Now when I say I wasn’t sleeping, I mean I was falling asleep standing up, in the shower, in the bath, sitting up on the couch and in chairs. In the hospital I had to sleep in the recliner because I fell out of the bed on more than one occasion. Whenever I fell I always caught myself and would slide to my knees so I didn’t fall on my stomach. It was like I was in Nightmare On Elm St. and I couldn’t sleep because Freddy Kruger might show up and end it all.
Back to the future, I’m finally discharged from the hospital. My blood pressure wasn’t changing they couldn’t keep me any longer so they let go home. I was to be checked twice a week until I was 37 weeks. I never made it that far. At my 32-week appointment my blood pressure sky rocketed, back to hell I was sent. Two days later when the high risk doctor preformed my ultrasound scan she informed me that the baby stopped growing since I had been in last. I was going to have this baby that day. I was 32 weeks and five days pregnant. I stared at the wall for what felt like eternity. My mom was there, she put her hand on my shoulder and I melted into a puddle. This was too soon to have a baby. I knew when I birthed the baby I wasn’t going to be able to leave with her.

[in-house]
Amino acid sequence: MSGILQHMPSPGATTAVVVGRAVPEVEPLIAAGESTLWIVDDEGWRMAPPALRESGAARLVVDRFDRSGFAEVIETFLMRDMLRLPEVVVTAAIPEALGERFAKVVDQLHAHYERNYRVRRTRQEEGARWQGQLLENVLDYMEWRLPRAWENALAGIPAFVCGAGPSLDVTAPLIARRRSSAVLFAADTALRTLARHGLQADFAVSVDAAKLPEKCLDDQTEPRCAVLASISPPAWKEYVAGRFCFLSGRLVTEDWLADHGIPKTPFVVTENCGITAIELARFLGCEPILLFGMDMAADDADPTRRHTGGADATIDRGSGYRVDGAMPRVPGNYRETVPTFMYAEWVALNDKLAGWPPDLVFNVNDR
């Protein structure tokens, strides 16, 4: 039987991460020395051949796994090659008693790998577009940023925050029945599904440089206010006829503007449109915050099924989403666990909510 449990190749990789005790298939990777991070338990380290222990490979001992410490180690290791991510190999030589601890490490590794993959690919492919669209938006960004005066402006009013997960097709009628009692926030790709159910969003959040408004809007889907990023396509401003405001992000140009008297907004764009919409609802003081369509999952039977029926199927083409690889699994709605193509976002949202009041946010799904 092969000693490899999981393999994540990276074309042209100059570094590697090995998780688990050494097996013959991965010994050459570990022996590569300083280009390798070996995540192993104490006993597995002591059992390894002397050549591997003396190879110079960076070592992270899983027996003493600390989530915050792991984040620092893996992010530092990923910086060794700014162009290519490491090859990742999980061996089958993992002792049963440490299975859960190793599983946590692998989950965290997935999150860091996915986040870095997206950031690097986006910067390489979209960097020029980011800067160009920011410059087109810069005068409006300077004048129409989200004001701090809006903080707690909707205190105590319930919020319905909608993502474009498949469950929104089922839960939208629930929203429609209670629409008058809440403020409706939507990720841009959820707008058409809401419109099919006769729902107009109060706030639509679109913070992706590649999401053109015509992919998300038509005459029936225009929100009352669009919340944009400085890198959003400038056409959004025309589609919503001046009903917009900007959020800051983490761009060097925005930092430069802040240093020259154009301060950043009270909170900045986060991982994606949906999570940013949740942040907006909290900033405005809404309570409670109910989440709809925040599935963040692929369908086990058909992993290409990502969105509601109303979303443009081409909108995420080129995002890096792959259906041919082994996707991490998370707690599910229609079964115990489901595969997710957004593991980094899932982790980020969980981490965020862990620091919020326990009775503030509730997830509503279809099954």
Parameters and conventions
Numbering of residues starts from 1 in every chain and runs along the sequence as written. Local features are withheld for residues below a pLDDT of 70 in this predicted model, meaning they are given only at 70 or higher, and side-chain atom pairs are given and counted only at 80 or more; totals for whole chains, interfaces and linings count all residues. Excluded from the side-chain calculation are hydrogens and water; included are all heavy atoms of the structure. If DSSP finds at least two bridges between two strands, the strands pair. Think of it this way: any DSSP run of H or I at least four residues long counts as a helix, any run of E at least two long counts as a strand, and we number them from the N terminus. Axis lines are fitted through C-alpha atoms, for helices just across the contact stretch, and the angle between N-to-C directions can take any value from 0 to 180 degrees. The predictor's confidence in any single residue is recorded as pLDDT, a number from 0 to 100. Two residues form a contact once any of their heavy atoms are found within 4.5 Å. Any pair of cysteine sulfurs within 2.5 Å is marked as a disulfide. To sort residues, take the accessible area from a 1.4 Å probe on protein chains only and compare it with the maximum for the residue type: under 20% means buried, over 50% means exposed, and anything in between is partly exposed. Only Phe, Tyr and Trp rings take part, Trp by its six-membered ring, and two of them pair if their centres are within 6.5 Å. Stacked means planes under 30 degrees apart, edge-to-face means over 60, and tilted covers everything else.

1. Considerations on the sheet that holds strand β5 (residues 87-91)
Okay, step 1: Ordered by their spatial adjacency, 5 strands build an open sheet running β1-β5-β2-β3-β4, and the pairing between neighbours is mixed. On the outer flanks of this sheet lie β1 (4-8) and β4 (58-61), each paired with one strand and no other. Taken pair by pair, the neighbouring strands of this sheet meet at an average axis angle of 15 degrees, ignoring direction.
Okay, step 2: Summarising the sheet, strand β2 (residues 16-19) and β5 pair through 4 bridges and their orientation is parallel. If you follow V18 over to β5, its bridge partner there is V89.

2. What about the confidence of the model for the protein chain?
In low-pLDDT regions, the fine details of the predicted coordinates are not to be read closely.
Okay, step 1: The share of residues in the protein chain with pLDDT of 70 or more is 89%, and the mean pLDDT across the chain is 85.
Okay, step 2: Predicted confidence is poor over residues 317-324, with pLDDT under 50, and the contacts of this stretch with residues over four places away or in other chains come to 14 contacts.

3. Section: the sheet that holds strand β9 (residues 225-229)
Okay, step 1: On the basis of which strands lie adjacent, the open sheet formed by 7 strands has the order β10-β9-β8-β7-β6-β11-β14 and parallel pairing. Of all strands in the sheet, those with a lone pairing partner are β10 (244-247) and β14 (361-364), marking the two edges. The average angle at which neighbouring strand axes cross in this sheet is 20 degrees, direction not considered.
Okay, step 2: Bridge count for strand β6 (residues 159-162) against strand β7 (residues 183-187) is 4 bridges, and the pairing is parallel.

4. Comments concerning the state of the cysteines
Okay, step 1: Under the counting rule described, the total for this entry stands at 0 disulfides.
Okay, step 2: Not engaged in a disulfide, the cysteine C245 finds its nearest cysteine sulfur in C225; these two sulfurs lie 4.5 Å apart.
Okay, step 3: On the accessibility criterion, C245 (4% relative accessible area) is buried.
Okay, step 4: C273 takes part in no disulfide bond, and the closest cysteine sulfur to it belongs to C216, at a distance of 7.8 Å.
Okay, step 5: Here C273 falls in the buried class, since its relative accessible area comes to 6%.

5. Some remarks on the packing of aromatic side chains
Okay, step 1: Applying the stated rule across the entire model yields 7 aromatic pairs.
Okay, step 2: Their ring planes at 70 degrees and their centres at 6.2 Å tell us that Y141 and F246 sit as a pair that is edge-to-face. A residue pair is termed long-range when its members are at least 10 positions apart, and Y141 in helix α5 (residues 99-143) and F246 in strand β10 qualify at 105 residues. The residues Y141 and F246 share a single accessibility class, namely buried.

Twenty-two times I tried to call Bryan that afternoon. He worked nights and was home sleeping. Twenty-two times his phone rang and twenty-two times he missed the calls. Luckily his mother worked in the hospital and raced to our apartment to wake him up. Waiting for him to come through the hospital room doors felt like an eternity. He showed up right on time, the doctor started the induction. Time ticked on. Three hours later I was receiving an epidural. A half hour later I was blacking out. My blood pressure dropped. The baby’s heartbeat slowed. Everything started to intensify.
“We need you to roll to your side,” the nurse frantically spoke.